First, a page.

Homeland Security Secretary Janet Napolitano apologized to veterans after a report issued by her department said troops returning from the wars in Iraq and Afghanistan were at risk for being recruited by right-wing extremists.This is another example of the corrupting influence of reality-detached ranting. The DHS report did not slander veterans, it did not call them extremists, nor did it suggest that returning veterans should be the targets of surveillance. It said that "right-wing extremists" seek to recruit and radicalize veterans to take advantage of their combat skills. There is nothing controversial about the notion that military veterans returning from a war are susceptible to being recruited into extremist groups (Timothy McVeigh, anyone?)
"To the extent veterans read it as an accusation ... an apology is owed," she said during an on-air interview on FOX News Thursday, a day after veterans' groups and members of Congress blasted her for the report, which they said libeled members of the armed forces.
Historically, disenchanted returning veterans feeling that they've been "stabbed in the back" are among the first groups that fascists recruited from. For example, the authoritative scholar of fascism Robert Paxton observed in The Anatomy of Fascism that he
half expected to see emerge after 1968 a movement of national reunification, regeneration, and purification directed against hirsute antiwar protesters, black radicals, and "degenerate" artists. I thought that some of the Vietnam veterans might form analogs to the Freikorps of 1919 Germany or the Italian Arditi, and attack the youths whose demonstrations on the steps of the Pentagon had "stabbed them in the back." Fortunately I was wrong (so far). Since September 11, 2001, however, civil liberties have been curtailed to popular acclaim in a patriotic war upon terrorists.Is this an attack on veterans, is it demonizing them as extremists? No. It's recognizing a historical reality about how some veterans enter into radicalized extremist politics. Understanding the factors that contribute to such radicalization help us consider how we might seek to prevent it from happening in the first place. But the reality-detached lobby of the Drudge-Hannity-Limbaugh-Fox axis of misinformation seeks to cut us off from that reality, leaving us less capable of understanding and thus confronting the world we live in.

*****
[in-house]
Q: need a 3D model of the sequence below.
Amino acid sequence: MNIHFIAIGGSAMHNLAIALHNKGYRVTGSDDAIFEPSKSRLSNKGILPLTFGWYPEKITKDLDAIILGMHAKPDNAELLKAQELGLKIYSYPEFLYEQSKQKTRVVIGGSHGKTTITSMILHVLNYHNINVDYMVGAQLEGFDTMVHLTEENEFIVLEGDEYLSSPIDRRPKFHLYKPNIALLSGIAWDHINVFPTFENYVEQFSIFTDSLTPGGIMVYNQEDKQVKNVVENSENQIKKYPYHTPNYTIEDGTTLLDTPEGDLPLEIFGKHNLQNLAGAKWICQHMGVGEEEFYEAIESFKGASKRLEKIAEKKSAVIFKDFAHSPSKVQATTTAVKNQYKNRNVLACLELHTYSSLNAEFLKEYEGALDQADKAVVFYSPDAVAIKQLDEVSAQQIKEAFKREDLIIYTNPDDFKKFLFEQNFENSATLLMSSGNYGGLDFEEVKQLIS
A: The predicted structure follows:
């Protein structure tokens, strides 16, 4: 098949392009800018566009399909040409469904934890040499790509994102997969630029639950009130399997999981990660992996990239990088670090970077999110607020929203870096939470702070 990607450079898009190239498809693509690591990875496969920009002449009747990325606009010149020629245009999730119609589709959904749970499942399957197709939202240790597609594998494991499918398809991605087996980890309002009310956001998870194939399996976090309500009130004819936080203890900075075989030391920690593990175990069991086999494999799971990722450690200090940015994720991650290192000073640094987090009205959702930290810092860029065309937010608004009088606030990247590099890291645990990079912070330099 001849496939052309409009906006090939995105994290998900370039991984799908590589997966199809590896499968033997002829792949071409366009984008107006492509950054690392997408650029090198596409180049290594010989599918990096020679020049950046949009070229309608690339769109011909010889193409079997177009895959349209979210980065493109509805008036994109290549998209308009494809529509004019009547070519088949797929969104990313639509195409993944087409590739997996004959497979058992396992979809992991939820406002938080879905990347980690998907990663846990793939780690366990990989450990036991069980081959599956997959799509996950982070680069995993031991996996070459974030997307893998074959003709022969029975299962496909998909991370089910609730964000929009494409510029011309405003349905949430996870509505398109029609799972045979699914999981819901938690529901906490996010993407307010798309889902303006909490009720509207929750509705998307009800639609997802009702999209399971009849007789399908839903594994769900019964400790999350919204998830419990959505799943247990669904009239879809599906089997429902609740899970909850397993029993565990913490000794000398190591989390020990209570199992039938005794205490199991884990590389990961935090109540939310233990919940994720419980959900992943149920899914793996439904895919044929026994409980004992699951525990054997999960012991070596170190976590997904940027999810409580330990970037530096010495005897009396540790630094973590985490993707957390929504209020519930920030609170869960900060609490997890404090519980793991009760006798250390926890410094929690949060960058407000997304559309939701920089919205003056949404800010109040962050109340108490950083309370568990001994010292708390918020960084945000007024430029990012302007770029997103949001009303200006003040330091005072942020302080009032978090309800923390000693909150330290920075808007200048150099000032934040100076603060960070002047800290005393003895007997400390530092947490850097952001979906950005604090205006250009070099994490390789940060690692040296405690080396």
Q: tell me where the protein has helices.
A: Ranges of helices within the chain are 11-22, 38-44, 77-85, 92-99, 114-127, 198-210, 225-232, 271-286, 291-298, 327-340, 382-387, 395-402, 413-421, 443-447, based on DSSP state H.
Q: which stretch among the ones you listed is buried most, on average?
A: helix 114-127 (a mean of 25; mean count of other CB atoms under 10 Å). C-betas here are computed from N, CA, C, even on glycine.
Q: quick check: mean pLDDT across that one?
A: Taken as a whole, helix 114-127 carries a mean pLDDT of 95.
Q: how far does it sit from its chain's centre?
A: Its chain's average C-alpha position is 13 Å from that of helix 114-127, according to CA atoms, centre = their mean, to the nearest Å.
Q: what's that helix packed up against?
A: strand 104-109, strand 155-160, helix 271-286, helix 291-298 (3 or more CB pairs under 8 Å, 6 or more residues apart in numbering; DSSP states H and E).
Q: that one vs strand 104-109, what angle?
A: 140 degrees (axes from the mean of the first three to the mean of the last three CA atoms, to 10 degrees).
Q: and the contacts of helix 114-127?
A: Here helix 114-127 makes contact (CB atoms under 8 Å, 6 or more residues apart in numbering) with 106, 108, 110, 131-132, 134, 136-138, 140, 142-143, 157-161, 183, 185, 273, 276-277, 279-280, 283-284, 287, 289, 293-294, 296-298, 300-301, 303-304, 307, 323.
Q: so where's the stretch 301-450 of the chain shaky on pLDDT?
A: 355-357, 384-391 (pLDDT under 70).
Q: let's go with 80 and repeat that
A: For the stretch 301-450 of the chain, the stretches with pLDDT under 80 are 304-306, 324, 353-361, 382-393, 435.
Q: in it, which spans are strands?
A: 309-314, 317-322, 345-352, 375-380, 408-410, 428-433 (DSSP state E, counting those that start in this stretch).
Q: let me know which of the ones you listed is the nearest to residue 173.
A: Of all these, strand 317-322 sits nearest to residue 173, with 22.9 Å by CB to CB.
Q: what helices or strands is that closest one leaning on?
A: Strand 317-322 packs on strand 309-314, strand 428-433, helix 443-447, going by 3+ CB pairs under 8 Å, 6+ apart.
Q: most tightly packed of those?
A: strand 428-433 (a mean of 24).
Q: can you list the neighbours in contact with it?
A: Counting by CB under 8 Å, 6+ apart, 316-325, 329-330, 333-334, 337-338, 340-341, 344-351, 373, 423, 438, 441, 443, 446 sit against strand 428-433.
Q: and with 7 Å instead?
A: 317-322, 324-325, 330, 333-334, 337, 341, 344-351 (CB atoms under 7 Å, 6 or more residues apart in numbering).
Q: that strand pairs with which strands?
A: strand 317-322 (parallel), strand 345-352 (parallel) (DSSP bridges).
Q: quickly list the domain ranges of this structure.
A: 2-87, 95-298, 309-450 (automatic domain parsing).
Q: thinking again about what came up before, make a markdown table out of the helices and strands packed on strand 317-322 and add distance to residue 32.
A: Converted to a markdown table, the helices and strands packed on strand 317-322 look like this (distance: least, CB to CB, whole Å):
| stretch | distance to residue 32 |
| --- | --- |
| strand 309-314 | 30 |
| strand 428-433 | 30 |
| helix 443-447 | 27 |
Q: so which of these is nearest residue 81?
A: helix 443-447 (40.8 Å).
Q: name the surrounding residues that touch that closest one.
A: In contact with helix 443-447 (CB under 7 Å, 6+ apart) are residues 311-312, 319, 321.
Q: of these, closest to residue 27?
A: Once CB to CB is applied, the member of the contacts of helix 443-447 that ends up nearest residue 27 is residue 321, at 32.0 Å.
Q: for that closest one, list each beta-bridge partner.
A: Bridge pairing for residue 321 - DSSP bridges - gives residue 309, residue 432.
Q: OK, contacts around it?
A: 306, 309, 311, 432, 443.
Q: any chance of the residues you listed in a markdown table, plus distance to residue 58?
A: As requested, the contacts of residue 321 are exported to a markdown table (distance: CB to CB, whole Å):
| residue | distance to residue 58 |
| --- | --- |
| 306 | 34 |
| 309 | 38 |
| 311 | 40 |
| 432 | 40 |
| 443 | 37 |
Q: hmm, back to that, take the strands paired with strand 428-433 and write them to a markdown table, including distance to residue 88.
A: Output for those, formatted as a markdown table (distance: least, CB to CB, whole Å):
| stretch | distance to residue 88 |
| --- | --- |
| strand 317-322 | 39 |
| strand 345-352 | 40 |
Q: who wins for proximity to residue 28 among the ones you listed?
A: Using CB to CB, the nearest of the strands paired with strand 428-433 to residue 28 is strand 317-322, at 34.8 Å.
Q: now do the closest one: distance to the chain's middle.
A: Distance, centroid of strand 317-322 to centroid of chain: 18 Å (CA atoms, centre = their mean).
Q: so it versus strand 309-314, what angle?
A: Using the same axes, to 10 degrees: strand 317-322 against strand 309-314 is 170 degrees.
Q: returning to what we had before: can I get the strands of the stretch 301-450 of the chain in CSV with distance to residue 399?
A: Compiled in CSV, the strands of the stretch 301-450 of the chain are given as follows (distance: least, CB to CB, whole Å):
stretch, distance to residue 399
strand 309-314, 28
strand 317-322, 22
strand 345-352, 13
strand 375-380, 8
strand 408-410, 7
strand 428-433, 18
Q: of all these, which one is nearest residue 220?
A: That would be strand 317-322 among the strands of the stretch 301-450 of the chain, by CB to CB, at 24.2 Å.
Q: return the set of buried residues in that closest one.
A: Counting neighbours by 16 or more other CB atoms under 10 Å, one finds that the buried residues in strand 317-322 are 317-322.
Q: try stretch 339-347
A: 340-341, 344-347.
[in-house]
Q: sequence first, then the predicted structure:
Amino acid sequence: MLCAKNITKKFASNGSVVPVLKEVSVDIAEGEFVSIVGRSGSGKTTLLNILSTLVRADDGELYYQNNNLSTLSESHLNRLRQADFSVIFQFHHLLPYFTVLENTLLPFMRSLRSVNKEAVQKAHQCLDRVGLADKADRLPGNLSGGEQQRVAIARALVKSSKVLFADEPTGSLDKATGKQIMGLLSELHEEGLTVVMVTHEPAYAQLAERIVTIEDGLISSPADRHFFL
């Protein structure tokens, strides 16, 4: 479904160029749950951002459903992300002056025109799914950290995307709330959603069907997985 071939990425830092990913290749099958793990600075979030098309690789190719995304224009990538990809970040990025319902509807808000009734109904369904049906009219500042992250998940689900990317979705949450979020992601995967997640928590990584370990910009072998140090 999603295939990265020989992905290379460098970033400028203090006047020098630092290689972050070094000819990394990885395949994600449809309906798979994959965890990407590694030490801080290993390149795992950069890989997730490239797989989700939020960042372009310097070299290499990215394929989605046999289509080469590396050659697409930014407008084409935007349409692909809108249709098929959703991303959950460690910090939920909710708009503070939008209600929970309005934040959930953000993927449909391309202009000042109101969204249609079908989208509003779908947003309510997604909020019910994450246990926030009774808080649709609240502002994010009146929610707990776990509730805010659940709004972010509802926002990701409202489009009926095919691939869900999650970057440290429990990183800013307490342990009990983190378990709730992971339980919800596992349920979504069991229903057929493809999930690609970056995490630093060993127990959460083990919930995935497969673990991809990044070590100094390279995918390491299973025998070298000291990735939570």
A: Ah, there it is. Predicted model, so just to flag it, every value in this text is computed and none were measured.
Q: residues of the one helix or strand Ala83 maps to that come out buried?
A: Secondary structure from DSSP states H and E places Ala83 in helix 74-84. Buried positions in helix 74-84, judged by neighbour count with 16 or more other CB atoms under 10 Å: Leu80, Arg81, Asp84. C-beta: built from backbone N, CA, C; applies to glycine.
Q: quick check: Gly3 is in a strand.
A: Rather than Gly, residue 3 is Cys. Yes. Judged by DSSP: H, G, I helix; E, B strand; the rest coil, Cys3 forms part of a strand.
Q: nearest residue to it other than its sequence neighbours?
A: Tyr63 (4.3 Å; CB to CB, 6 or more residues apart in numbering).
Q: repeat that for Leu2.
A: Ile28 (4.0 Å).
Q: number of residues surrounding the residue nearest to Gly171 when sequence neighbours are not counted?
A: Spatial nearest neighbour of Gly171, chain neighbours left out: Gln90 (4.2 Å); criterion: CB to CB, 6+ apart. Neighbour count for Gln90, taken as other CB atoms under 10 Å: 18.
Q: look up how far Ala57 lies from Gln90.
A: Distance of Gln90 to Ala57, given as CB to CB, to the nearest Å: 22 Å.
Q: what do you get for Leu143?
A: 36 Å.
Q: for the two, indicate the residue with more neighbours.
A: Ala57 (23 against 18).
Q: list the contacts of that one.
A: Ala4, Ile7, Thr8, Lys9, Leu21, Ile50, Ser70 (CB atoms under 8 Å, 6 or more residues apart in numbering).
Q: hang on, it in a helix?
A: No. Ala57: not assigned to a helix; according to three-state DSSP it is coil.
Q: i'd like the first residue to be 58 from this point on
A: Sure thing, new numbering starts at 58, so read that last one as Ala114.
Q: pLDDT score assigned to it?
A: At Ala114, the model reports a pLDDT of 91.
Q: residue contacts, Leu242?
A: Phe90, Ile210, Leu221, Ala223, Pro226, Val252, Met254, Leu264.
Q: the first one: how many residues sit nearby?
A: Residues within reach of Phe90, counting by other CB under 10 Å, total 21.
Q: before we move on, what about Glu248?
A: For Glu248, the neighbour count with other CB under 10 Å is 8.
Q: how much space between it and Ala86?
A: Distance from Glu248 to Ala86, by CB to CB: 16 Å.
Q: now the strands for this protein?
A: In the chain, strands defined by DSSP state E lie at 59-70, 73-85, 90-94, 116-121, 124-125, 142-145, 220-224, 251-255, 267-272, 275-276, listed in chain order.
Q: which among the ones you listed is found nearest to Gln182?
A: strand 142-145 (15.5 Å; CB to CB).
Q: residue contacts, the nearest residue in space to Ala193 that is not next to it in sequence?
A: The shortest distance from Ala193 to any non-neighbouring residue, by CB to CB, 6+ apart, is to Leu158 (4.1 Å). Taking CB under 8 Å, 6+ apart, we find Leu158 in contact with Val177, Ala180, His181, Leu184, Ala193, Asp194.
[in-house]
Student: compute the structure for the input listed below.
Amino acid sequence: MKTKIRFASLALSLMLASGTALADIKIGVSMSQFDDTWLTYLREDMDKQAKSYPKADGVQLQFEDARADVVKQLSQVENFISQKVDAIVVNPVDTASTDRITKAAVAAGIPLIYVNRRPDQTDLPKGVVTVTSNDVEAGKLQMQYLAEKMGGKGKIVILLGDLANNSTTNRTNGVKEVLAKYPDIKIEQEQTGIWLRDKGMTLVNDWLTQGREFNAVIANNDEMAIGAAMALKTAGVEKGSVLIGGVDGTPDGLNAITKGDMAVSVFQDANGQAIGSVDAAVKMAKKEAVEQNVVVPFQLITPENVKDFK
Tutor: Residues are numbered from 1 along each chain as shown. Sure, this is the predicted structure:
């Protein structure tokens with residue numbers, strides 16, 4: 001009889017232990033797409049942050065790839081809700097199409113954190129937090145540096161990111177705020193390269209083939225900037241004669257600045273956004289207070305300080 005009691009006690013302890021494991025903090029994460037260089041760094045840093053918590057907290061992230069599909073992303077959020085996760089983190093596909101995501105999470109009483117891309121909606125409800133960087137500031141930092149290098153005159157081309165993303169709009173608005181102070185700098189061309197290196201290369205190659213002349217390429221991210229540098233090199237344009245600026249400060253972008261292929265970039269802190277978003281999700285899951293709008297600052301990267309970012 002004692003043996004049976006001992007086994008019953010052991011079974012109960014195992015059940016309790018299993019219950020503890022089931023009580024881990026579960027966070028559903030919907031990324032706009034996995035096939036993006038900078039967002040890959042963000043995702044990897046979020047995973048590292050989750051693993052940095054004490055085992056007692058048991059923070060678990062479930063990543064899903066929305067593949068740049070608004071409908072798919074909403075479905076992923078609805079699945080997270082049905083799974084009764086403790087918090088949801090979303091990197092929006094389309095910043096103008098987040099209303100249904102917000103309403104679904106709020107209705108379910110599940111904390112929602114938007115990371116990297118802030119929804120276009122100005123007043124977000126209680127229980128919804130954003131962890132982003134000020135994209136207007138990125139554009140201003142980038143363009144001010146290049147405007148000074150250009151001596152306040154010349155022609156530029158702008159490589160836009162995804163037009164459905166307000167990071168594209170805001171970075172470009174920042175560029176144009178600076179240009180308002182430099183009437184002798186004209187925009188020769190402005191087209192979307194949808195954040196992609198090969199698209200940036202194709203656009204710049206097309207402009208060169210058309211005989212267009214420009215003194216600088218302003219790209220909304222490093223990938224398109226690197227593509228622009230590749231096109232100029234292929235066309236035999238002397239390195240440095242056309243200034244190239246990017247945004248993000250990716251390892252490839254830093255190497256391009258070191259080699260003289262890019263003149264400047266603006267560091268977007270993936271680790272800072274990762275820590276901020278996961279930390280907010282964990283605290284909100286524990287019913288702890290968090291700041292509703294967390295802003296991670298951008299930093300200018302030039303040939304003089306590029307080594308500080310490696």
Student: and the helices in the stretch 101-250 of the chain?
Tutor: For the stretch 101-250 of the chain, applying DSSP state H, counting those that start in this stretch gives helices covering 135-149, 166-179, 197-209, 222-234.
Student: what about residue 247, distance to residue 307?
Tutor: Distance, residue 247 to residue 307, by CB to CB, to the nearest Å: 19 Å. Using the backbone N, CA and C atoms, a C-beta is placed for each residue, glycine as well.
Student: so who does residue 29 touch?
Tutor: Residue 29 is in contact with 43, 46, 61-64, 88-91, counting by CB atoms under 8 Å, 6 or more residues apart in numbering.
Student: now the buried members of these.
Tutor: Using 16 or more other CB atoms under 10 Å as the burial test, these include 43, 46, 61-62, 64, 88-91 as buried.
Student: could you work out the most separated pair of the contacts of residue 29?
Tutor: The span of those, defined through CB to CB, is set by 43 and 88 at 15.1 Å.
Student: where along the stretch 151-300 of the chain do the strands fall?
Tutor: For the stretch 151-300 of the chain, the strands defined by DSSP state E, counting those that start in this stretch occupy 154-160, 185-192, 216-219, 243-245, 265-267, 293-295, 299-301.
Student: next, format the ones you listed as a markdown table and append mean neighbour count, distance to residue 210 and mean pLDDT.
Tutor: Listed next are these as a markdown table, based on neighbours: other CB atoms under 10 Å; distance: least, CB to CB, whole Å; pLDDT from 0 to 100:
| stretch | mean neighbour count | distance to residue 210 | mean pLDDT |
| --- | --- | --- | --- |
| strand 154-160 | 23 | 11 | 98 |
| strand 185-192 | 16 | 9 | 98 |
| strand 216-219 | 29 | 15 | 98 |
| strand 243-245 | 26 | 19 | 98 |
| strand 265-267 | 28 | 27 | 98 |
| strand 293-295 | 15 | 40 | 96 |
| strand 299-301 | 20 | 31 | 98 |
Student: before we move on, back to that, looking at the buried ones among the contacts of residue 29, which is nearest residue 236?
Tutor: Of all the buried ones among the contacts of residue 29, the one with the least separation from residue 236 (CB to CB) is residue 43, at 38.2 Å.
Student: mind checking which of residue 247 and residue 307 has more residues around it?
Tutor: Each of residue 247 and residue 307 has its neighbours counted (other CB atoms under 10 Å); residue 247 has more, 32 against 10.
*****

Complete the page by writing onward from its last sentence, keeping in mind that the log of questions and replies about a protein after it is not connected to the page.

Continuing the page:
And here we see the same sort of problem denying/problem exacerbating dynamic. Movement conservatives work themselves into a fit of indignation over the suggestion that extremists seek to radicalize returning vets, demanding (and getting) an apology from Napolitano; meanwhile they are busy telling returning vets that they've been stabbed in the back by Democrats who cut their funding, which is itself another reality-detached claim. Indeed, these same individuals so outraged that anyone would dare suggest that the "stabbed in the back" mythos might be used to recruit veterans are part of a movement which has relentlessy pushed a "stabbed in the back" meme. It must. Given that reality does not factor into the movement's considerations, blame must be found for any failures - real or perceived.
And if we are so unfortunate to have another McVeigh style incident, these same individuals will be outraged at the notion that their rhetoric had anything to do with it, even though persons like Malkin have expressed their respect and admiration for Ann Coulter, someone who has written multiple books accusing Democrats of being anti-American traitors, and suggesting that the only thing wrong with Timothy McVeigh's act of domestic terrorism was that he did not target the New York Times building.
Blogger's Note - I had planned on completing my Tea Party/historical revision post today, but keeping up with this and Savage has set me back a day.